Another part of the increase in costs is more homes in the line of danger.
According to a study by Headwaters Economics, 60 percent of homes that have been built since 1990 have been in the "wildland-urban interface," the areas where America's wild areas and residential areas meet, converting areas that could have safely burned into areas that need to be fiercely protected at a rate of about 4,000 acres a day.
Keeping those homes from burning accounts for between 30 percent and 95 percent of firefighting costs—depending on who you ask. And it's only going to get worse as we expand our living space into the backcountry.
By Sunday afternoon, the Butte fire, another Northern California blaze, had destroyed more than 100 buildings and threatened about 6,400 more, according to NBC News.
According to a 2015 report by CoreLogic, in the western U.S. alone there are now more than 897,000 residential properties in areas that are at high or very high risk for wildfires. If destroyed, those homes would cost $237 billion to rebuild.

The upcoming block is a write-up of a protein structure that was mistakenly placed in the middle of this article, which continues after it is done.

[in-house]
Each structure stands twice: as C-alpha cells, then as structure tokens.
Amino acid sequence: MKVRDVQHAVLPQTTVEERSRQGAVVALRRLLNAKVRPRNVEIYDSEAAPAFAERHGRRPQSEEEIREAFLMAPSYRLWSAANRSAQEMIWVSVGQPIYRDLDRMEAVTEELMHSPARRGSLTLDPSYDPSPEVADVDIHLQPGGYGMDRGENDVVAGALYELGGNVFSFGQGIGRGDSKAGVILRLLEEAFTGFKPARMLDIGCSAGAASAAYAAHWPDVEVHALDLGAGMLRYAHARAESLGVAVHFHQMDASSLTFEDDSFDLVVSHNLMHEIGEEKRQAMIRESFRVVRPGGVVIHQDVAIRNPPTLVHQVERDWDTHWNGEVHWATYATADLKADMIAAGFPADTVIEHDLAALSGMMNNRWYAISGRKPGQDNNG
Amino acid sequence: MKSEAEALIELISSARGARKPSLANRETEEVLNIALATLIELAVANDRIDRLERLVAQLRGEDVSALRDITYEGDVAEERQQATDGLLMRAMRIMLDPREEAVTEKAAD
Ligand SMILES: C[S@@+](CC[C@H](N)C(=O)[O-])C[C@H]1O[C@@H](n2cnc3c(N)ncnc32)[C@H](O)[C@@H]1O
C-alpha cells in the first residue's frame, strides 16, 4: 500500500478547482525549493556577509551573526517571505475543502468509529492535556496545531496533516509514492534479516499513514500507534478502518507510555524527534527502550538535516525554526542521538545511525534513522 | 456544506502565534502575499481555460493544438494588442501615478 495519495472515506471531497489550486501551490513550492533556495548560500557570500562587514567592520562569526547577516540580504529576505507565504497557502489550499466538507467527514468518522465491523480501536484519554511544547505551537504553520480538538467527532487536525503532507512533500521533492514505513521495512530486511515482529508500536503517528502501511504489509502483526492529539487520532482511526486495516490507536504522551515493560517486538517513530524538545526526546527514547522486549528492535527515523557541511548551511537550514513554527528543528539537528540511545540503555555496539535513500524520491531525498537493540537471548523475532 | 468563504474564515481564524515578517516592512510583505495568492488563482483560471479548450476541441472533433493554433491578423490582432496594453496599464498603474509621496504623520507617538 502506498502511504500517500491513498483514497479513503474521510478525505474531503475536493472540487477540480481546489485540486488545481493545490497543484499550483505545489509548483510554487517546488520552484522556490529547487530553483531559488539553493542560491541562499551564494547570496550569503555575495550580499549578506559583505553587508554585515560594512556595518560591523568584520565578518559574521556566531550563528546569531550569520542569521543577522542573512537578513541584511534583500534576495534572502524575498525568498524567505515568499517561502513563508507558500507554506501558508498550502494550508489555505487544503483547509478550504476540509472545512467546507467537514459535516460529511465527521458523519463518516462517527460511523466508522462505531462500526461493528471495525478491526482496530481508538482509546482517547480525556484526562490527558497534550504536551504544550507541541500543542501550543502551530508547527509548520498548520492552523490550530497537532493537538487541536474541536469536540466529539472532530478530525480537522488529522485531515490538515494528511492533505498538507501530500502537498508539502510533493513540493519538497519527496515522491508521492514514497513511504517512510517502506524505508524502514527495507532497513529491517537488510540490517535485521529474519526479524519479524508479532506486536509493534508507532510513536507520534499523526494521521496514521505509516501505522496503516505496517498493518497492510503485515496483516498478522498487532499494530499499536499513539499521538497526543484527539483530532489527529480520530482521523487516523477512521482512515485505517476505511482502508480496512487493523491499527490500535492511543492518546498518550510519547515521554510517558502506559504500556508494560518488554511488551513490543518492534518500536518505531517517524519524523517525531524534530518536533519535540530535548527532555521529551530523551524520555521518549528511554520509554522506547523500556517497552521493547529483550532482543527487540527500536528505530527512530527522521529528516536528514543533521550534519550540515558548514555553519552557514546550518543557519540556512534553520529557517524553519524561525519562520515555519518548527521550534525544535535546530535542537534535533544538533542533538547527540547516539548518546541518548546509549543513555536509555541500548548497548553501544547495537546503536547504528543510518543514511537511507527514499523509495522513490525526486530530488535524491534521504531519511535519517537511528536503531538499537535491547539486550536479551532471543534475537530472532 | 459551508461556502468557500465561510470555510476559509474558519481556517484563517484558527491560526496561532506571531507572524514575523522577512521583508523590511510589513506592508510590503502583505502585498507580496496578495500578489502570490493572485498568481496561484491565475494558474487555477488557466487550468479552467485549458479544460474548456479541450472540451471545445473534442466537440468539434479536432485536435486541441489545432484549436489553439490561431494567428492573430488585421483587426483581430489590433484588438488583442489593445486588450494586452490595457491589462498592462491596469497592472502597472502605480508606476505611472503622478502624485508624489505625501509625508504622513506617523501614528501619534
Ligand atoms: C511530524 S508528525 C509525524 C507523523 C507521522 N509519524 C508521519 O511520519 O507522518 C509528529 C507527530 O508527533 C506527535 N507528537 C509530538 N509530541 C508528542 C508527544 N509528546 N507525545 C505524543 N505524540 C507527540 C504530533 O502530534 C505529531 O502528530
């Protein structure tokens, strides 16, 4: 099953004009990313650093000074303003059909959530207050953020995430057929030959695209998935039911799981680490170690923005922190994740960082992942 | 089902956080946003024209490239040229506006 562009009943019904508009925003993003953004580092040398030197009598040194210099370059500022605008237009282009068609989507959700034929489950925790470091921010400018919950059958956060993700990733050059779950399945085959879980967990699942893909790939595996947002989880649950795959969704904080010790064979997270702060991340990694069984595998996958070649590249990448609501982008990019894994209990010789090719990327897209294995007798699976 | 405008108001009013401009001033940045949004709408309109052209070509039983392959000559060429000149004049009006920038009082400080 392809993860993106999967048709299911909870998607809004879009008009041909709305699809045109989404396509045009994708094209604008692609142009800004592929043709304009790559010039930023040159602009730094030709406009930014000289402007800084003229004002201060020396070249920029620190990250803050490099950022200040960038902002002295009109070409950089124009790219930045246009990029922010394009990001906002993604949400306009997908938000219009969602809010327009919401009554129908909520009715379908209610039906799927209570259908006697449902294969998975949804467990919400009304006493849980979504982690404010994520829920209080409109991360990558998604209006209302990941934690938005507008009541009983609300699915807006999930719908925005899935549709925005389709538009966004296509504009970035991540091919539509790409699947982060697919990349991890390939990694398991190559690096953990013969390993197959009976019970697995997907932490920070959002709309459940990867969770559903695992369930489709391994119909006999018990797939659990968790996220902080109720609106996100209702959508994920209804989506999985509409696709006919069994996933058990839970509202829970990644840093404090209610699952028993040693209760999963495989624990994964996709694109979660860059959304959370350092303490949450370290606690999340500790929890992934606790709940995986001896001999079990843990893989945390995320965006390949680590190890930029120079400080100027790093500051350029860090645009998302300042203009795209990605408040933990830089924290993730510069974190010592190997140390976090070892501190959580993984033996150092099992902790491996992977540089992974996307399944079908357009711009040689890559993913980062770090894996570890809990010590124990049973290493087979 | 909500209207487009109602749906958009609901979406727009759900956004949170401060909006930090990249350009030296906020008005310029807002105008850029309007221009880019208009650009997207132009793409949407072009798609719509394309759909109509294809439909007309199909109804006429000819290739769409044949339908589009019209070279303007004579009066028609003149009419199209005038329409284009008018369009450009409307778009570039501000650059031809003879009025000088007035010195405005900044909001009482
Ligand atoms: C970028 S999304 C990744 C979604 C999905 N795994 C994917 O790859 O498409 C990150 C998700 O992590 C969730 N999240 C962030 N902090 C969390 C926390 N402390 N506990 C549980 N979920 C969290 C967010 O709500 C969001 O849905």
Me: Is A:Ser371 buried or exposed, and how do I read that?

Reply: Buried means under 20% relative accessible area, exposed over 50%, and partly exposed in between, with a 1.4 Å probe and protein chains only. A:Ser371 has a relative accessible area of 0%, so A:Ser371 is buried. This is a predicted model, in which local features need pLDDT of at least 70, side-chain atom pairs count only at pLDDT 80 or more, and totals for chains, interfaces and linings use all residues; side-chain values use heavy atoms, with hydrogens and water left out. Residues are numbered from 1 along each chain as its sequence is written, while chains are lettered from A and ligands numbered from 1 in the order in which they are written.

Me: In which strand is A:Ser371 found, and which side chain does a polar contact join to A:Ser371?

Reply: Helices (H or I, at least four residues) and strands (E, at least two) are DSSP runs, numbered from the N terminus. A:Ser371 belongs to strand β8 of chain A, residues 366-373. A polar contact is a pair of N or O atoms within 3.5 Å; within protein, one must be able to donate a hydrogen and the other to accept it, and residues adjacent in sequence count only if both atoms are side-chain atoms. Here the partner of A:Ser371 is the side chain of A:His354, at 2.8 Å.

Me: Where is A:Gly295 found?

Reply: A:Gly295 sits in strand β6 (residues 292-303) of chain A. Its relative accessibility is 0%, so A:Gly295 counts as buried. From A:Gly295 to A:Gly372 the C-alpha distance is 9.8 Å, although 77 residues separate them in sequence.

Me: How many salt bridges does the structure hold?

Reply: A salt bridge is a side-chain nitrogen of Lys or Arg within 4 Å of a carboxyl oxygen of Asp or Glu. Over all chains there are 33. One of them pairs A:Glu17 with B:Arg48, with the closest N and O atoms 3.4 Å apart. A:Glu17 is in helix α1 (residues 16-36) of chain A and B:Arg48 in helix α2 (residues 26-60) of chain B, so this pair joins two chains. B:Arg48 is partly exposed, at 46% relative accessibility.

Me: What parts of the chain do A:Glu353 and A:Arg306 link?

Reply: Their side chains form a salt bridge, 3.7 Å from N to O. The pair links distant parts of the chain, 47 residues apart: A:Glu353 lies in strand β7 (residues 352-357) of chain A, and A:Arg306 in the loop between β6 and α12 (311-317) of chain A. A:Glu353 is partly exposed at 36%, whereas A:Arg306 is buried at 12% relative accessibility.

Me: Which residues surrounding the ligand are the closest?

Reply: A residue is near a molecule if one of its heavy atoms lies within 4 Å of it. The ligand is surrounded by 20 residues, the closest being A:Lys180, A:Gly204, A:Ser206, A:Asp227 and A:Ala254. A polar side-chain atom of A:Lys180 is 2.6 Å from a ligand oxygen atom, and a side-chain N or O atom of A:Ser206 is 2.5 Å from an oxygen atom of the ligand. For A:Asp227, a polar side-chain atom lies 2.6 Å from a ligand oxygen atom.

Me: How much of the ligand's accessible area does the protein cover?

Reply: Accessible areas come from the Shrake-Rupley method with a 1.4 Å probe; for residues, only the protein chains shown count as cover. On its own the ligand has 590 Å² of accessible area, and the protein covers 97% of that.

The agencies laboring to protect more and more private homes from bigger and more severe fires are being consumed themselves by the costs. For the first time this year, more than half of the Forest Service's budget is for wildfires, far up from 16 percent in 1995, according a report released by the department in August. Non-fire employees have been cut by 39 percent over that time.
Not only have non-fire-related programs like watershed management, road improvement and other responsibilities tied to the National Forest System been pillaged for fire suppression funds, but in years when the fire suppression budget is inadequate, the Forest Service must transfer money from other programs to cover the costs. In some years, that shortfall has approached another $1 billion.
Sometimes that money comes from preventative efforts like clearing vegetation and proscriptive fires, which are designed to help control future fires. That's only going to make things worse in the future.
"The current method isn't working, and it's very disruptive," said Jones. "When we start depleting our firefighting funds, we have to go out to the field units and say stop spending—we take money away from wildlife projects and road projects and it hurts long-term efforts to reduce fire risks on the front end."